Disciplined Agile (DA)

A hybrid approach, this framework focuses on full-cycle coordination of a company’s IT— from the development cycle to operations, support, and data management. However, this solution might not be the best choice at the first experience of adopting Agile, as it contains very basic guidance on this philosophy, and so will come with a learning curve.


LeSS framework
Source: https://less.works/

The Large-Scale Scrum (LeSS) framework is most efficient with scaling multiple teams that work on the same product. With its two configurations, Basic LeSS for two to eight teams (10-50 people) and LeSS Huge for over 6000 people, it introduces multiple changes to the standard scrum practices. For instance, teams in LeSS are cross-functional: in addition to developers and testers, they may include architects, UI/UX specialists, business analysts, and they must be able to develop both backend and frontend features. This provides for more autonomy and increased responsibility within teams.

Spotify Agile model

Although this is not an Agile framework per se, the Spotify agile model is worth mentioning because it represents a hugely successful enterprise and its take on implementing Agile methodology.

Spotify agile model

The division into Squads, Tribes, Chapters, and Guilds helps achieve autonomy and better communication within the organization while reducing formalities and ceremonies. However, this model might be challenging to adopt, as it was based on the company’s pre-existing internal culture, which isn’t something you can easily replicate.

These are some of the most popular Agile scaling frameworks. Each of them offers certain benefits for a particular use case and also presents challenges and requires significant time to implement. But let’s go back to our leading contender and see what the implementation process looks like. 

How to implement SAFe

Important note: before an enterprise can adopt the SAFe approach, it needs to transition to the Lean Enterprise philosophy—and that takes time and systemic changes in policy and mindsets of the employees. Moving away from the more hierarchical structure of Waterfall is going to require a major commitment. 

As you can see from the infographic below, the process consists of 12 steps and includes a lot of training, planning, and implementing new procedures. Unsurprisingly, the most drastic and lasting of changes will not occur overnight and will involve a long-term investment into the most valuable commodity—your employees.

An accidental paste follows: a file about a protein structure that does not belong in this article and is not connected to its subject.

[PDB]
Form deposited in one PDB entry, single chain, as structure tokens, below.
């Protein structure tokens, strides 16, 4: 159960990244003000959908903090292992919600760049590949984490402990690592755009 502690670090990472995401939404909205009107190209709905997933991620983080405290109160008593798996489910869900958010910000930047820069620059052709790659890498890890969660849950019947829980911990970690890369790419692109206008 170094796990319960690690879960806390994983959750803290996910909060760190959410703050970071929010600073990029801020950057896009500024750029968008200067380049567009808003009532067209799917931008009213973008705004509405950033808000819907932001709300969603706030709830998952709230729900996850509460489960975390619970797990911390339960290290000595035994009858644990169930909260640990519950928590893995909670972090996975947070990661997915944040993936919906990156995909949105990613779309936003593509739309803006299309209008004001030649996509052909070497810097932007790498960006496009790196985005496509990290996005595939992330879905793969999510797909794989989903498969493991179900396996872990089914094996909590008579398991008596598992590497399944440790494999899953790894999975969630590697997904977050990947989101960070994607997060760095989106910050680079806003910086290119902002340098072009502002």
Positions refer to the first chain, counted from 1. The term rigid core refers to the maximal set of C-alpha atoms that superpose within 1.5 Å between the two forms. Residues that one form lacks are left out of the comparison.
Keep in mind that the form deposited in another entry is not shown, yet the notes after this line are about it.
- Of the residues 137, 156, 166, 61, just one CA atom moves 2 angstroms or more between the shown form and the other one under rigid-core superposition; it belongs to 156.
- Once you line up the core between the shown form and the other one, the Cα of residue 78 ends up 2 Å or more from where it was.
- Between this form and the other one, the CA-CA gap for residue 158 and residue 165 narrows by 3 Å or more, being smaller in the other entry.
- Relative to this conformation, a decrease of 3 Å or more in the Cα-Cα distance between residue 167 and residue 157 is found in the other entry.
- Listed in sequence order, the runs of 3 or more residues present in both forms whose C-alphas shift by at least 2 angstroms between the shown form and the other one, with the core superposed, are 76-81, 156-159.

SAFe implementation roadmap
Source: https://www.scaledagileframework.com/

Want our advice? To ensure the transformation is rewarding and your gains exceed your losses, start your journey in the company of a trusted software partner. Oh, and keep your framework updated to the latest version.  

What’s new in SAFe 5.0

SAFe 5.0

The newly released SAFe 5.0 contains important updates and refinements that reflect the current needs of today’s enterprises and ever-changing market demands. A simplified, more streamlined presentation concentrates on business agility and the steps necessary to achieve it, offers better structural clarity, and puts emphasis on customer-centricity as one of its core values. The authors point to the importance of competencies like Continuous Learning and Organizational Agility in the successful transformation and sustainable development of a SAFe-enabled enterprise.

If you’d like an even more detailed overview of the framework’s new version, feel free to visit the corresponding page on the project’s official website.

Relevant provides hand-selected tech talent to fit your needs at scale

Yes, we do, and we’re good at it. With over seven years in the field and multiple successful projects, Relevant has built a strong portfolio and lasting partnerships.

We have first-hand knowledge of the challenges your business may encounter, and we’ve accrued the tools and the expertise to facilitate your enterprise’s transition into a SAFe environment. Using our proven software development team structure, we will provide our skilled professionals right where and when you need them. Give your project a significant boost on its way to achieving business objectives. With Relevant’s top-class consultants, cybersecurity experts, and software architects, you can scale with confidence.

Tags: agile

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CEO at Relevant